As Presbyterians, we believe that “an education of high quality for all children is an obligation of society and indispensable to the political and economic health of our democracy,” and that “we are called to respond in every possible way with measures that seek to evidence love and justice in the education of children and youth.” --A Call to Church Involvement in the Renewal of Public Education (199th General Assembly, 1987)
However, to understand public education today, it is important to explore how it evolved and why. Understanding the roots of our public education system can help us understand the problems we face today.
•As more immigrants arrived toward the end of the 19th century, education was primarily perceived as a social mechanism to change children into productive workers. Law and order, righteousness, and civil duty were stressed. The familiar descriptive metaphor of the melting pot is grounded in this influx of immigrants.
From these roots, our system of public education has branched out in an attempt to accommodate an increasingly diverse and varied population. Each branch, from secondary education to vocational education through segregation to desegregation to bilingual education, and so on, has emerged in response to the needs perceived by those in power. Our problems today, and the challenges we recognize for tomorrow, must be evaluated in that light.
An overture to the 216th General Assembly in 2004, "On Improved Education for African American and Other Students placed at risk for an Excellent Education," called for action to address the concern that some children, particularly poor children, children of color and others on the margins continue to be left behind. Among its recommendations:
That Presbyterians be called upon to confront the stubborn continuance of racial prejudice, particularly the persistence of societal attitudes that discourage academic achievement among economically disadvantaged and children of color students and others at risk.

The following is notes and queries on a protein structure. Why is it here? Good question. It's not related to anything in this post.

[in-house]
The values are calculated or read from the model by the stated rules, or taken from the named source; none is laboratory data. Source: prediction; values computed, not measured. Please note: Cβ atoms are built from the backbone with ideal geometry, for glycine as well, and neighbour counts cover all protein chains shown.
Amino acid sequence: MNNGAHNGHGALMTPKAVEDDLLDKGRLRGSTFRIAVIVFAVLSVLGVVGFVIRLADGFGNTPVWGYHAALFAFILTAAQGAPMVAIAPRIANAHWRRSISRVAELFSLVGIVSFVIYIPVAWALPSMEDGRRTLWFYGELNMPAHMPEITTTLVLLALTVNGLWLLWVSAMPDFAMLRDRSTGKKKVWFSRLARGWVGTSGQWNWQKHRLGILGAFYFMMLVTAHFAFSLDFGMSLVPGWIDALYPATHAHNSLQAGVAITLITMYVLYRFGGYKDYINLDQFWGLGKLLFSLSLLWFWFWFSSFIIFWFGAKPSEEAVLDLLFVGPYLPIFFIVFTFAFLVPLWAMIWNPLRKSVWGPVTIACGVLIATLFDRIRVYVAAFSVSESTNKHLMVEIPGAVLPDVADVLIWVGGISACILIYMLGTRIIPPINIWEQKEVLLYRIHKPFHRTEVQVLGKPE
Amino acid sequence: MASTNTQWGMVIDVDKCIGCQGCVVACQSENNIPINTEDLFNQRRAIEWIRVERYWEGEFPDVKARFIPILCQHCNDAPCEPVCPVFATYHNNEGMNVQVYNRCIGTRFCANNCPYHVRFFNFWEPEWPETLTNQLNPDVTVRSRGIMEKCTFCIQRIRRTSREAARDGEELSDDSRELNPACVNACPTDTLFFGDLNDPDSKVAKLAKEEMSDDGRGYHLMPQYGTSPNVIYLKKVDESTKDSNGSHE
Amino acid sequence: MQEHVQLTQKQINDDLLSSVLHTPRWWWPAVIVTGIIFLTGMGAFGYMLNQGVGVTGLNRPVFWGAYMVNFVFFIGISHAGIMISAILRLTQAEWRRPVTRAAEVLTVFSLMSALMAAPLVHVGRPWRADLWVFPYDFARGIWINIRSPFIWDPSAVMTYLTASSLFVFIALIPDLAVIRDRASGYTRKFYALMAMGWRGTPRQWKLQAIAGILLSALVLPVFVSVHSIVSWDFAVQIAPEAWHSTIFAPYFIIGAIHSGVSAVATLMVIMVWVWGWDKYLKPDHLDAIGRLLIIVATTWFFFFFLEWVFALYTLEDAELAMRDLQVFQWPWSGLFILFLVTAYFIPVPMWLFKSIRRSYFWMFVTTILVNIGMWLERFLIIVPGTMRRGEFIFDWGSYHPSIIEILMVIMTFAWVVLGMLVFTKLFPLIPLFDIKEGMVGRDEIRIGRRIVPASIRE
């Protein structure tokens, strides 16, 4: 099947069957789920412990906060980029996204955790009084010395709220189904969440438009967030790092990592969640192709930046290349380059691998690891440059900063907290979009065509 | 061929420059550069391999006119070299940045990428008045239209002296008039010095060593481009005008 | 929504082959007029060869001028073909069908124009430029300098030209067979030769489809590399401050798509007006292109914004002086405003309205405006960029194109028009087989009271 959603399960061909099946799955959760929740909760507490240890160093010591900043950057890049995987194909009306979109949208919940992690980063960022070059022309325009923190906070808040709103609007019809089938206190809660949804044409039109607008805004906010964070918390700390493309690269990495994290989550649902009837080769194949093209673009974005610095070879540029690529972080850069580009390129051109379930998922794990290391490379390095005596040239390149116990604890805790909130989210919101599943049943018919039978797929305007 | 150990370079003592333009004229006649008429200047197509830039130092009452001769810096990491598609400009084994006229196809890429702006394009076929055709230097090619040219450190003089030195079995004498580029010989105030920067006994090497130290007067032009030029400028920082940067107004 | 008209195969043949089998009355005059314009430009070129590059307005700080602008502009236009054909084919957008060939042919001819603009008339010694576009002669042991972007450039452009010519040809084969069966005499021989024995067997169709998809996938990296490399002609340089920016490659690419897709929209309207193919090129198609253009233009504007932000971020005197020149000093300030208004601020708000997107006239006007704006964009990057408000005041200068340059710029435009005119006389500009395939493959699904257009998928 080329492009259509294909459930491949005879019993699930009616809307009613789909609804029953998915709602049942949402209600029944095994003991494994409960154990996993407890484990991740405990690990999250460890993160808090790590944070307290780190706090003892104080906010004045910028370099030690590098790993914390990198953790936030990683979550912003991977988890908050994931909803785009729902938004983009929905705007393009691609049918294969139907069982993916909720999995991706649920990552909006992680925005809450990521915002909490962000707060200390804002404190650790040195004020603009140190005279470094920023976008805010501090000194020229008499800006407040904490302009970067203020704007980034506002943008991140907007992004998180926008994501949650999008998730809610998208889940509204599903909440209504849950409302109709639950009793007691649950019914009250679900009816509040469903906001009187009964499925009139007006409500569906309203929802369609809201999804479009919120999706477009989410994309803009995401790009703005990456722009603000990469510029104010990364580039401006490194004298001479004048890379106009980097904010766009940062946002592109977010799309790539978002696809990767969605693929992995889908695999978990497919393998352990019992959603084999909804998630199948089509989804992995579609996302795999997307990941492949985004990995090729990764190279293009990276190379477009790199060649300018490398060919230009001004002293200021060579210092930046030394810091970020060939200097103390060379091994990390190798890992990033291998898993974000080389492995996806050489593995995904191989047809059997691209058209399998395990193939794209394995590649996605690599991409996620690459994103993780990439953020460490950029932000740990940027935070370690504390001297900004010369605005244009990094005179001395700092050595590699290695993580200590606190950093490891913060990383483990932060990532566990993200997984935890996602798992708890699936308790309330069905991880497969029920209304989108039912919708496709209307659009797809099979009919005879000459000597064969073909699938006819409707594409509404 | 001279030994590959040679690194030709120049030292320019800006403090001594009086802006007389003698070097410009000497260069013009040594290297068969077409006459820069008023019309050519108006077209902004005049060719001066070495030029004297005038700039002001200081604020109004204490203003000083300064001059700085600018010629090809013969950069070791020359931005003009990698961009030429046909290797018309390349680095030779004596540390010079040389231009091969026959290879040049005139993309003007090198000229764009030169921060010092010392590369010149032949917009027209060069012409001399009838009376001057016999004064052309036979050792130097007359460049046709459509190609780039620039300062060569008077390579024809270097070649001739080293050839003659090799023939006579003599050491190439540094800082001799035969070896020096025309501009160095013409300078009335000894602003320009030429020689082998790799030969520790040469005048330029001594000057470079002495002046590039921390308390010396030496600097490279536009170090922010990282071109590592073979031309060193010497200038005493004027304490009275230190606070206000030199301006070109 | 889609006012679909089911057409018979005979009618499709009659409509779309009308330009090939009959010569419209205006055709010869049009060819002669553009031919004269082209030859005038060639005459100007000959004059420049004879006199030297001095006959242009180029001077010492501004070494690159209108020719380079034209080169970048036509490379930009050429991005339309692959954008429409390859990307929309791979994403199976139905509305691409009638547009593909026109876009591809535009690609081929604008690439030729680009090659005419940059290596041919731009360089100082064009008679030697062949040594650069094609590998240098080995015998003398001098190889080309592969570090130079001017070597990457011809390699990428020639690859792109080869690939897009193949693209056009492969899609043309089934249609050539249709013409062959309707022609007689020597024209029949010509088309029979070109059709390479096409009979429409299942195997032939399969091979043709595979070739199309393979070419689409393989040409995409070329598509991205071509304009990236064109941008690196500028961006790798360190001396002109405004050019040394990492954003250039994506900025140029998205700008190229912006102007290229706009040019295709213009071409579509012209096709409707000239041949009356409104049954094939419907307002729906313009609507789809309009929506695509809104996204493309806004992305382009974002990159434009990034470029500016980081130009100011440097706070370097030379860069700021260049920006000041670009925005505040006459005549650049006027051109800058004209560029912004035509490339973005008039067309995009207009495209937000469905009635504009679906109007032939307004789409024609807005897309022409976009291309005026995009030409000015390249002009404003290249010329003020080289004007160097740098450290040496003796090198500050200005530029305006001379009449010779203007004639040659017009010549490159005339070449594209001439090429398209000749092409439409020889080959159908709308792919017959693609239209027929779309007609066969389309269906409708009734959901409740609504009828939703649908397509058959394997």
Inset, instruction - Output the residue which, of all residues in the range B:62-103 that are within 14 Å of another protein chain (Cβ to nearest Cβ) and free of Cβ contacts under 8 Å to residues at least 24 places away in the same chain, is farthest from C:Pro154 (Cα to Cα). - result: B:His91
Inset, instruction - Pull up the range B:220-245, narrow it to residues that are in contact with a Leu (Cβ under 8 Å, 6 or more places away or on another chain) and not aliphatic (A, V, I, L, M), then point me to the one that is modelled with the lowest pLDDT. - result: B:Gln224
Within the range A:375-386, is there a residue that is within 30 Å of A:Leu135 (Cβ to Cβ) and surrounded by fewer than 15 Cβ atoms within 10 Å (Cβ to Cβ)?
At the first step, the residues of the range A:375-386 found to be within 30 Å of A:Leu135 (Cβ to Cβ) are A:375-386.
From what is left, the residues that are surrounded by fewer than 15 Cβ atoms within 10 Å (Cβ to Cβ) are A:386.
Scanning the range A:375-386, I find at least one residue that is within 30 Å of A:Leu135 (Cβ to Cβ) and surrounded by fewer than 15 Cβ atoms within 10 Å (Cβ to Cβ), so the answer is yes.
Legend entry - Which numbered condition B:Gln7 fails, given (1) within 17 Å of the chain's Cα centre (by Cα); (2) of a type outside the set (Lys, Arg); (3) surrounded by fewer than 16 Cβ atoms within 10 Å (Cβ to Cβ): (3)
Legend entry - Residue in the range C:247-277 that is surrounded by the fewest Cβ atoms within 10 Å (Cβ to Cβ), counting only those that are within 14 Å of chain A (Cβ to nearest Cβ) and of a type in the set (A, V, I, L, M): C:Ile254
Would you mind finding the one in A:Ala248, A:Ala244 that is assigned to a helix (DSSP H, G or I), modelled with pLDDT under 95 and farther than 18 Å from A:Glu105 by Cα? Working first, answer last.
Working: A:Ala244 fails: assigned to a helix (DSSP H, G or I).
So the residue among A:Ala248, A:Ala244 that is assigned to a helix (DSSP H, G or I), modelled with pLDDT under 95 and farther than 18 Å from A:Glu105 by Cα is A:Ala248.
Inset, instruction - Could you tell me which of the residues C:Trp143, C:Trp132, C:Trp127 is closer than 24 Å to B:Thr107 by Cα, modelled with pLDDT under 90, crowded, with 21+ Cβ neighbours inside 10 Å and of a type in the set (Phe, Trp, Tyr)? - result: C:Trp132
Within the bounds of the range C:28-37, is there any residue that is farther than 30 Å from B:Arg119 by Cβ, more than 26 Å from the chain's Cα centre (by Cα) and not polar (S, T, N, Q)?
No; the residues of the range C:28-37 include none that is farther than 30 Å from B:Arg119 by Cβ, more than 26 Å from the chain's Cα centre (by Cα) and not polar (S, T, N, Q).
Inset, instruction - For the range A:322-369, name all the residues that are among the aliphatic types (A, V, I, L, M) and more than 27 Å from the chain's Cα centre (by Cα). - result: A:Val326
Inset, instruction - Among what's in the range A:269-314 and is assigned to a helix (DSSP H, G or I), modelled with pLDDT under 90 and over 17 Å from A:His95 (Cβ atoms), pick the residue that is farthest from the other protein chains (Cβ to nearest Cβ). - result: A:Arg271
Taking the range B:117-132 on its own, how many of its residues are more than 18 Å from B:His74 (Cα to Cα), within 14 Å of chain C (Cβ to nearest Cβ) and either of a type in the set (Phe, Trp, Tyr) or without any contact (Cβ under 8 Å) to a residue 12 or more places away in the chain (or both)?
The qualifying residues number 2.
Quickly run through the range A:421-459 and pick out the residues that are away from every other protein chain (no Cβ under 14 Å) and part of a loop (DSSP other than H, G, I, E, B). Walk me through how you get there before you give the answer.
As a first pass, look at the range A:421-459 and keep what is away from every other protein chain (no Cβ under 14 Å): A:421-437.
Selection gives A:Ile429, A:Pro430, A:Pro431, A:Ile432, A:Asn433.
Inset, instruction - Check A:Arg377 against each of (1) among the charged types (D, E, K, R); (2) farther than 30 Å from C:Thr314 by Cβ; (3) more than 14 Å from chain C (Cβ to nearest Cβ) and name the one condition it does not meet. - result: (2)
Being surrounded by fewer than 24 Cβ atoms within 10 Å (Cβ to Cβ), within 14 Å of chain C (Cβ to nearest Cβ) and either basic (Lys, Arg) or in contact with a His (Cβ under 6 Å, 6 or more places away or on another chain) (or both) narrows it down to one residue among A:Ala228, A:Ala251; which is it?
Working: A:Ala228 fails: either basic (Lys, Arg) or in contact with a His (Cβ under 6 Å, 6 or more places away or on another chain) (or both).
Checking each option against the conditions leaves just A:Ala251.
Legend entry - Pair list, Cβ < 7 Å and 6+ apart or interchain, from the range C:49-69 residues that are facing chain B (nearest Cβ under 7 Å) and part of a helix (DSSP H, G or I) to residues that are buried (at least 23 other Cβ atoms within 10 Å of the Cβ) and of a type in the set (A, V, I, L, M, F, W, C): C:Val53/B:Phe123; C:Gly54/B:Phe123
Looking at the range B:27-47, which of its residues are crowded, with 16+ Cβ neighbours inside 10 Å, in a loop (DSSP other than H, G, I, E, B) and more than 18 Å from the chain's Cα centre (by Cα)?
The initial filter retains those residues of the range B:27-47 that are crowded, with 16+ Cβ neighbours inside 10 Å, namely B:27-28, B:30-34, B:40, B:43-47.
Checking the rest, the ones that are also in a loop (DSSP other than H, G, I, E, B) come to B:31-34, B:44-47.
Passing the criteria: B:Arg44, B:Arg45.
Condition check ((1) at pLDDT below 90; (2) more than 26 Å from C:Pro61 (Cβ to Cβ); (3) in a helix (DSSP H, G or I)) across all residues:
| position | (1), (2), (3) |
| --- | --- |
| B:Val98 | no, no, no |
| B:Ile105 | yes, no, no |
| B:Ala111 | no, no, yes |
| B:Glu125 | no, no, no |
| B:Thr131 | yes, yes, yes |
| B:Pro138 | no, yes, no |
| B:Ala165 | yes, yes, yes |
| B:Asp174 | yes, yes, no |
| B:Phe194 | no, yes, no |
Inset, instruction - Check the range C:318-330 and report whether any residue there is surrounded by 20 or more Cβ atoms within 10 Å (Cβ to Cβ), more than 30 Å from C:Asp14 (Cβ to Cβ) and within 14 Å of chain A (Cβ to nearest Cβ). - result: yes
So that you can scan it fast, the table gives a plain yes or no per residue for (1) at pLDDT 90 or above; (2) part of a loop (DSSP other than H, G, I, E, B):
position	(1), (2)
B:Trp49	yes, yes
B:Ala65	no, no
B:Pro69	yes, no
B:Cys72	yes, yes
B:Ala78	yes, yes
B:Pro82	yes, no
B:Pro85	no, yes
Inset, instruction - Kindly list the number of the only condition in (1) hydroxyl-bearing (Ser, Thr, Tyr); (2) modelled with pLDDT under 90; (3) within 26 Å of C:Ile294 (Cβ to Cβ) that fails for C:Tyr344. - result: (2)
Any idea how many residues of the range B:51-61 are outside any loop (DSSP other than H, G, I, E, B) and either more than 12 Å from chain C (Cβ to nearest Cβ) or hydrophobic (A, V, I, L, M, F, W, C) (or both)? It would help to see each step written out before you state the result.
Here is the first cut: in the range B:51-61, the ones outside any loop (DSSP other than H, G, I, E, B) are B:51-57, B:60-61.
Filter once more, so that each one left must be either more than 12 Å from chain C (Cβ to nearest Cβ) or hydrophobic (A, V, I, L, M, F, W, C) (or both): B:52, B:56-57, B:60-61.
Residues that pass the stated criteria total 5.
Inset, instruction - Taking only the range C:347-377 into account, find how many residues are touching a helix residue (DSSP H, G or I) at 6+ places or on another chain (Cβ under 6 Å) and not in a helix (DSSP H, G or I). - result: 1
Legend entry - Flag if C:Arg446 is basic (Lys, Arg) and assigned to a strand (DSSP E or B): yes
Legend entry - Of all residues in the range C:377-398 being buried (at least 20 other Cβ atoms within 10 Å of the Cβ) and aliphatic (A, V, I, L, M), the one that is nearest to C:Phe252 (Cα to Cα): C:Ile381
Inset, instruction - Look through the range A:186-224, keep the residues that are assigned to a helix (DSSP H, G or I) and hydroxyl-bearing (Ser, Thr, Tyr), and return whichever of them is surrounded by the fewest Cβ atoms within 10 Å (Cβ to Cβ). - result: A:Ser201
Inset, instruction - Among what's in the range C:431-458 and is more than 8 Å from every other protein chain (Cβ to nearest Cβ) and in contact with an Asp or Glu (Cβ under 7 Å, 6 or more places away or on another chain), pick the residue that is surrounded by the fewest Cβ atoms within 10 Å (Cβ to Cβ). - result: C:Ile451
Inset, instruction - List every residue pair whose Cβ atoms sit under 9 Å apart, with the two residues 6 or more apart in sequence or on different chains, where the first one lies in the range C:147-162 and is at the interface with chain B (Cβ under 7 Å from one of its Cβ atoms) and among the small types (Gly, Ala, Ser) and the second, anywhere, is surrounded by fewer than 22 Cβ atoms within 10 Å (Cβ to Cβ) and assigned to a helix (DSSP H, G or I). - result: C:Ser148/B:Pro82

This Sunday we continue that tradition as we celebrate Public Education Sunday with the teachers in our congregation and for all of those who are in the Public Education system in our community. Their jobs continue to be complicated on a variety of levels, but the fact that remains that our children are our future. The investment in our future is crucial!
(This document is based on excerpts from the Presbyterian Church Mission Agency website https://www.presbyterianmission.org/ministries/publiceducation, and “A Call to Church Involvement in the Renewal of Public Education,” The Education and Congregational Nurture Ministry Unit, Presbyterian Church (USA.), 1987)
When was the last time you thought about what and how you eat? A few years ago I sat in on a nutrition class. To start the class, the instructor gave each of us a peanut, telling us not to eat it, just to hold it and feel it; slowly she began to instruct us to peal the shell, then eat, making the most of every chew, making note as to how the flavor changed as the salty exterior mixed with the fatty nut. This took almost 5 minutes! But there was a method to her madness, as we say. Her point was that much of the nutrition problems happen because we are not mindful of what we eat. We throw anything that looks good in our mouths, often while multitasking and without thought or concern for what we are exactly eating.
This week’s passage is as much about mindfulness as it is the sacraments. The “Jews” identified in this passage were raising issues about Jesus’ call for people to eat his flesh; was he talking about cannibalism? Obviously not! Jesus is playing them for fools in that they miss the point of what he is saying. To eat his flesh and drink his blood is an acknowledgment of a faithful person’s desire to become one with Christ. When we eat of Christ, or accept him into our hearts, we are grafted into Christ and are one with Him.
But more than that, this is an example of how Christ is calling us to be mindful of what we “eat” as it comes to faith, since many of the doctrines and practices of the time actually had very little to do with faithfulness to God and had much more to do with power structures and traditions.
Jesus’ call to be faithful is to be mindful of one’s spirituality, understanding that when we eat, it is not to suck down the most food or even to get full, but when we seek faithfulness we must eat the right food with a mindfulness in our focus.